Pro-Palestinian supporters detained by police at encampment on Yale University plaza

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Pro-Palestinian supporters detained by police at encampment on Yale University plaza

Police officers on Monday arrested protesters who had set up an encampment on Yale University’s campus in support of the Palestinian cause, one of a growing number of American universities to see demonstrations surrounding the ongoing Israel-Hamas war.

Protesters had been on their third night of camping out in an effort to urge Yale to divest from military weapons manufacturers, the Yale Daily News reported. 

Officers gathered at the protest site at Beinecke Plaza shortly before 7 a.m. Monday and were seen approaching the encampment and “flipping up the entrances to the tents,” the school paper wrote on X.

Then officers issued a warning for students and journalists to leave, or they’d be arrested.

Minutes later, the school paper wrote on X that police were arresting people. Yale Police Lt. Roosevelt Martinez told the paper that students involved in the protests were arrested for trespassing.

In total, 47 students were issued summonses, Yale said in a statement Monday.  

The university said protesters were asked to leave and remove their belongings after officials had “notified protesters numerous times” that if they violated the university polices on occupying outdoor spaces, they could face law enforcement and disciplinary action. Some left voluntarily Monday morning.

Those arrested will also be referred for Yale disciplinary action “which includes a range of sanctions, such as reprimand, probation, or suspension,” the university said.

Earlier in the morning, the New Haven Mayor’s office said arrested protesters were transported to a Yale police facility where they were processed, charged with first-degree criminal trespass, a misdemeanor, and released.

By 8 a.m., no students were left on the plaza and all protesters remaining on the plaza had been arrested. 

“The university made the decision to arrest those individuals who would not leave the plaza with the safety and security of the entire Yale community in mind and to allow access to university facilities by all members of our community,” Yale said Monday.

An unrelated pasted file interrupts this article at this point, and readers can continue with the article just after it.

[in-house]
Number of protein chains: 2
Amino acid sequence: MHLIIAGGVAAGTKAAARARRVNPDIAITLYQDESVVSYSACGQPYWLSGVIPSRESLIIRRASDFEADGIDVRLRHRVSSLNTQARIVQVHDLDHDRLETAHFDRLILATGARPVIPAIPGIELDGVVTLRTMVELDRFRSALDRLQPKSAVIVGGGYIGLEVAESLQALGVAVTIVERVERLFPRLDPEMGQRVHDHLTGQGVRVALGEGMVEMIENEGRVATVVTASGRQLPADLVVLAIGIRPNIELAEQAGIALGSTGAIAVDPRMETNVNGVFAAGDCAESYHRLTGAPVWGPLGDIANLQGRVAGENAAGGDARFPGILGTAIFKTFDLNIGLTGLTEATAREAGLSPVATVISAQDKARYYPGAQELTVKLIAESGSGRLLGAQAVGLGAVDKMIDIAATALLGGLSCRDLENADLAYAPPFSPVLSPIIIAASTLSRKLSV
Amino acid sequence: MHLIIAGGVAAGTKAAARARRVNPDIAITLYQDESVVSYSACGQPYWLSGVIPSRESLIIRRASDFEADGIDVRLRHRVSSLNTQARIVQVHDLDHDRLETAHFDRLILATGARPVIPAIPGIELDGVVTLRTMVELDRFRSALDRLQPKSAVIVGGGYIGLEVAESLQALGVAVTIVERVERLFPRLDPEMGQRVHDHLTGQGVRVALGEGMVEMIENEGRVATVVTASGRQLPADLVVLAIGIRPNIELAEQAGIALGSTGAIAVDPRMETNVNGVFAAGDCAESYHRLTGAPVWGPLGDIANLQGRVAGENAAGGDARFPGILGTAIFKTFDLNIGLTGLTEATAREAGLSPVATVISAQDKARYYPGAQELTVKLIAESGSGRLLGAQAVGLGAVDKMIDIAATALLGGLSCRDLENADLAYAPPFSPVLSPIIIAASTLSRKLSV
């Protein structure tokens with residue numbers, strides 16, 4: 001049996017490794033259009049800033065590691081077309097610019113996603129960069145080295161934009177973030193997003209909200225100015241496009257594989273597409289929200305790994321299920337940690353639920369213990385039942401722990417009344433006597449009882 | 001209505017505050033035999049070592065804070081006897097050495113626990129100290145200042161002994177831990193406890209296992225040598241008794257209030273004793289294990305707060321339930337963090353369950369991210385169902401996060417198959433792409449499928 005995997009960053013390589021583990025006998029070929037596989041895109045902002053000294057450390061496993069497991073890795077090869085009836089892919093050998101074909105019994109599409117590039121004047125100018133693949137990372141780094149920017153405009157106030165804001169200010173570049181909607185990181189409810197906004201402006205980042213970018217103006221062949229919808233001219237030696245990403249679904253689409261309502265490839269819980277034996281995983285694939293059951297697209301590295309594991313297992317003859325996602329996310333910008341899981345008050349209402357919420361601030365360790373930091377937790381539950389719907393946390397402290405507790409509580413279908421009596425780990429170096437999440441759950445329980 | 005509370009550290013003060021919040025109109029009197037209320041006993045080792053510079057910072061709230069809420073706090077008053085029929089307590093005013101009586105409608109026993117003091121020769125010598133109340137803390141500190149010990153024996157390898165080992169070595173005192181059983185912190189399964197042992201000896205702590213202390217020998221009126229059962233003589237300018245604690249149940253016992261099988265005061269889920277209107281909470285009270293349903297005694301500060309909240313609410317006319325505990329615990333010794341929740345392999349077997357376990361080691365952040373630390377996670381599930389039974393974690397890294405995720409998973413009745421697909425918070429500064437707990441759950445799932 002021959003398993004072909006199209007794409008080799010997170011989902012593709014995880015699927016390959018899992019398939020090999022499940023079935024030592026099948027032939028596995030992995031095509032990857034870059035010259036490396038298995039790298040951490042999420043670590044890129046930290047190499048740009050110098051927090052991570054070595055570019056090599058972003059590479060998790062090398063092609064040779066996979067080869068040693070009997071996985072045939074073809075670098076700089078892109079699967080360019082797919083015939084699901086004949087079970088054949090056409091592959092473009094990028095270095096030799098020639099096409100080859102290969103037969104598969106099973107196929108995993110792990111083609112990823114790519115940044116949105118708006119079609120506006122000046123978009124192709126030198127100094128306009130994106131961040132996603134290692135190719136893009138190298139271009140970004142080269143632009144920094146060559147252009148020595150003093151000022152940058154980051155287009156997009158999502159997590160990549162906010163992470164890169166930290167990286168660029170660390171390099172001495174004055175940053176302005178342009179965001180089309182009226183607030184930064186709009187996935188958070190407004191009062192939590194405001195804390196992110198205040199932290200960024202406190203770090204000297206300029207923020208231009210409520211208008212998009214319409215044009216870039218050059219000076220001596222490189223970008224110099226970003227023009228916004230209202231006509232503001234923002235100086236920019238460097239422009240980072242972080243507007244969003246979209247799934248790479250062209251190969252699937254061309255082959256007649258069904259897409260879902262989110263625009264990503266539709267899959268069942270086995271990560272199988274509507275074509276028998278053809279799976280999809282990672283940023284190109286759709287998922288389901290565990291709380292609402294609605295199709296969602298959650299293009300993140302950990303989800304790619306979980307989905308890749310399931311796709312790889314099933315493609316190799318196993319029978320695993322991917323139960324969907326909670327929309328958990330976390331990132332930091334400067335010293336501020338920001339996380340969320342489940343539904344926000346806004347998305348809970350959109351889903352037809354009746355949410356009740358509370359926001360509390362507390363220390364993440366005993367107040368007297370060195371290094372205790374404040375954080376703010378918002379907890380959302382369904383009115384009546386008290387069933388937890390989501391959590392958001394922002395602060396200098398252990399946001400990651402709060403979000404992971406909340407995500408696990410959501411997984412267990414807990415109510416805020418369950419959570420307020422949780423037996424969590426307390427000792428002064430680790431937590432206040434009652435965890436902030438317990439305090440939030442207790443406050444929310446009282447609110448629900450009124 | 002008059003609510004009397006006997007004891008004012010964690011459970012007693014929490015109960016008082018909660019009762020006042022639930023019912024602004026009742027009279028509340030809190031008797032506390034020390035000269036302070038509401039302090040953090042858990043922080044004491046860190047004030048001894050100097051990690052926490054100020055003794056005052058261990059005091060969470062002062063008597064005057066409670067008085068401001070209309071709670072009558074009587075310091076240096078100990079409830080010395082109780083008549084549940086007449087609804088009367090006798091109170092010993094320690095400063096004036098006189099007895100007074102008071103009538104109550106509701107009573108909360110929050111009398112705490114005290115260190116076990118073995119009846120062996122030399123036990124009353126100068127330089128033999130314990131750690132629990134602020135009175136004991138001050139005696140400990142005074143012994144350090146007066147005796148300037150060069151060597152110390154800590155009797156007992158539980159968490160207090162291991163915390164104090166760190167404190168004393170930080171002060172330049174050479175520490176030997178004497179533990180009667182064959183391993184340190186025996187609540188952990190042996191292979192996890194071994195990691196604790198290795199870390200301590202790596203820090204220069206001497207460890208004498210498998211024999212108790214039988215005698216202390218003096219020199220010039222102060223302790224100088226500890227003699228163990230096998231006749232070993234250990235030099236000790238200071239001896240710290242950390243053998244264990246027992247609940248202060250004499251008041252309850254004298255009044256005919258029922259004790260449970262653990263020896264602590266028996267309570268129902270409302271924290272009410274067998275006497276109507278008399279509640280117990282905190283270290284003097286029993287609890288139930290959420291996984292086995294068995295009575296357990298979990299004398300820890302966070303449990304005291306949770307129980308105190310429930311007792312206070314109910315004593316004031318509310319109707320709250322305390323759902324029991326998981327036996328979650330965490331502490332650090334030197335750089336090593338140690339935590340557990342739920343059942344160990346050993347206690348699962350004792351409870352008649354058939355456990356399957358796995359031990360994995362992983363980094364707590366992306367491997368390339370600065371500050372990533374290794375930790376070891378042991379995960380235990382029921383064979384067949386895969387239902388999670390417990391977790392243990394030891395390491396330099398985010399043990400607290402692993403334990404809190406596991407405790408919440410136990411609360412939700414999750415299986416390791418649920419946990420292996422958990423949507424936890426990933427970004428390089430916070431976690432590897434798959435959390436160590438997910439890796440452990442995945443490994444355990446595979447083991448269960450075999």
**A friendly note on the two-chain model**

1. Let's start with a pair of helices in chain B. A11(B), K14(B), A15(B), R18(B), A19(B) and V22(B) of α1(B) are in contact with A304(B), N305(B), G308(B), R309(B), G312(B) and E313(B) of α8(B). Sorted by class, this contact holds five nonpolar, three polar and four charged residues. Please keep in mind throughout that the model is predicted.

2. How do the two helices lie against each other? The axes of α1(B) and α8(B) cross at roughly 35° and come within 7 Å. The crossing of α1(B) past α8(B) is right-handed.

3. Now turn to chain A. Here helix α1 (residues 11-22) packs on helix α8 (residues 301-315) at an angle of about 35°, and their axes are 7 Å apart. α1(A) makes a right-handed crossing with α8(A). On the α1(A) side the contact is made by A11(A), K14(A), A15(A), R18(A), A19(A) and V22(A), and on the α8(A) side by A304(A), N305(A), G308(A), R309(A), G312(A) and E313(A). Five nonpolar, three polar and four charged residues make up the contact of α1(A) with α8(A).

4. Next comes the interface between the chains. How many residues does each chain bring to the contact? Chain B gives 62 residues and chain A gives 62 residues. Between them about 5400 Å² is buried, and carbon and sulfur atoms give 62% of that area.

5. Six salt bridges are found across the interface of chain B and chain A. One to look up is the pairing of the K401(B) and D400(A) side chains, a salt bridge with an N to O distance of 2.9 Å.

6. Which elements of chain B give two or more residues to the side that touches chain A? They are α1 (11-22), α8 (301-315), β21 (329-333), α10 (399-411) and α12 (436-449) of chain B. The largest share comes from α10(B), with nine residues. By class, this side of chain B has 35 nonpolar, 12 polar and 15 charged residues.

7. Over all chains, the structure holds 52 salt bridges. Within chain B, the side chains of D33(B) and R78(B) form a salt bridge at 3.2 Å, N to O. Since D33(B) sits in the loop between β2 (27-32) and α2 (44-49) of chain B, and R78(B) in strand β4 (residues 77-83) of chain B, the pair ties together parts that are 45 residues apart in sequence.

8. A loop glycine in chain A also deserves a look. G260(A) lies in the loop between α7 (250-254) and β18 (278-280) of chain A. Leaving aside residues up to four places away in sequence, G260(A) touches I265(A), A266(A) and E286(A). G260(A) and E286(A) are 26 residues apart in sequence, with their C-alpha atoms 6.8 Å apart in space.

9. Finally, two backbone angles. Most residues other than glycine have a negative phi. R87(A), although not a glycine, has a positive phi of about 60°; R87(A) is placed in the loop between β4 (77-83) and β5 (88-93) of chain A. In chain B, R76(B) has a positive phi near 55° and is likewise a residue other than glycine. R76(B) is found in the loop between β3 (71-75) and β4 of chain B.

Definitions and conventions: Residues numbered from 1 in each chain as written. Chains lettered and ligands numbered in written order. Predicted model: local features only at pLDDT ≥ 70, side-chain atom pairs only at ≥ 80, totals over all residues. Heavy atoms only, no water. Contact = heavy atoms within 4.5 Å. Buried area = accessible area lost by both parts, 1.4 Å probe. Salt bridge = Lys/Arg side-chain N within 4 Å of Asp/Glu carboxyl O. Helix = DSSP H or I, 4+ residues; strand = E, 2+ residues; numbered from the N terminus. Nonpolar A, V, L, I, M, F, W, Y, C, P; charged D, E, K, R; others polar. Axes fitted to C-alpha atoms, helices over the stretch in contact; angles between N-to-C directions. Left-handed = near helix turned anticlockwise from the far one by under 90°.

After the arrests, a crowd of over 200 protesters blocked the intersection of Grove Street and College Street on campus as organizers “announced that people arrested are being charged with Class A misdemeanors,” the school paper wrote on X.

Forty police officers are reported to be at the scene, blocking students from entering the Schwarzman Center Rotunda.

New Haven police said they had no plans to make “any arrests of non-violent protesters” at that demonstration, which was still ongoing as of 10 a.m. ET.

NBC News is out to Yale police for comment.

The tension on campus comes as another Ivy League Institution, Columbia University in New York City, holds classes virtually Monday following a pro-Palestinian encampment and protest that also resulted mass suspensions and arrests.

Boston-area universities Tufts, Massachusetts Institute of Technology and Emerson also protest encampments over the weekend, organizers said.

The University of Southern California in Los Angeles was criticized last week after it canceled the speech of a valedictorian whose social media account had a link to a document expressing support for Palestinians in Gaza. USC said it decided to cancel the speech based on concerns over security the possibility of disruption.

In a statement Sunday, Yale University officials said that protests in Beinecke Plaza and other parts of campus “have grown significantly over the weekend, and some members of the broader community have joined our students.”

While the school “supports free speech and civil discourse,” the encampment protest had violated some university guidelines and policies, which school leaders warned participants about. 

“Putting up structures, defying the directives of university officials, staying in campus spaces past allowed times, and other acts that violate university policies and guidelines create safety hazards and impede the work of our university,” Yale University president Peter Salovey and Professor of Psychology Chris Argyris wrote.

While many students participating in protests and counter protests “have done so peacefully,” the school was aware of reports of “egregious behavior, such as intimidation and harassment, pushing those in crowds, removal of the plaza flag, and other harmful acts,” the statement said.

The officials stressed: “Yale does not tolerate actions, including remarks, that threaten, harass, or intimidate members of the university’s Jewish, Muslim, and other communities,” and school police are investigating such actions. 

The school officials said that they understood the disagreement with the school Advisory Committee on Investor Responsibility’s decision to not recommend a policy of divestment from military weapons manufacturers.”

“The ACIR—a committee of faculty, students, staff, and alumni—arrived at this conclusion after hearing from student presenters and engaging in careful deliberation. This is part of a formal process and relies on the university’s guide to ethical investing that has served Yale well for decades,” the statement said. “There are available pathways to continue this discussion with openness and civility, and I urge those with suggestions to follow them.”

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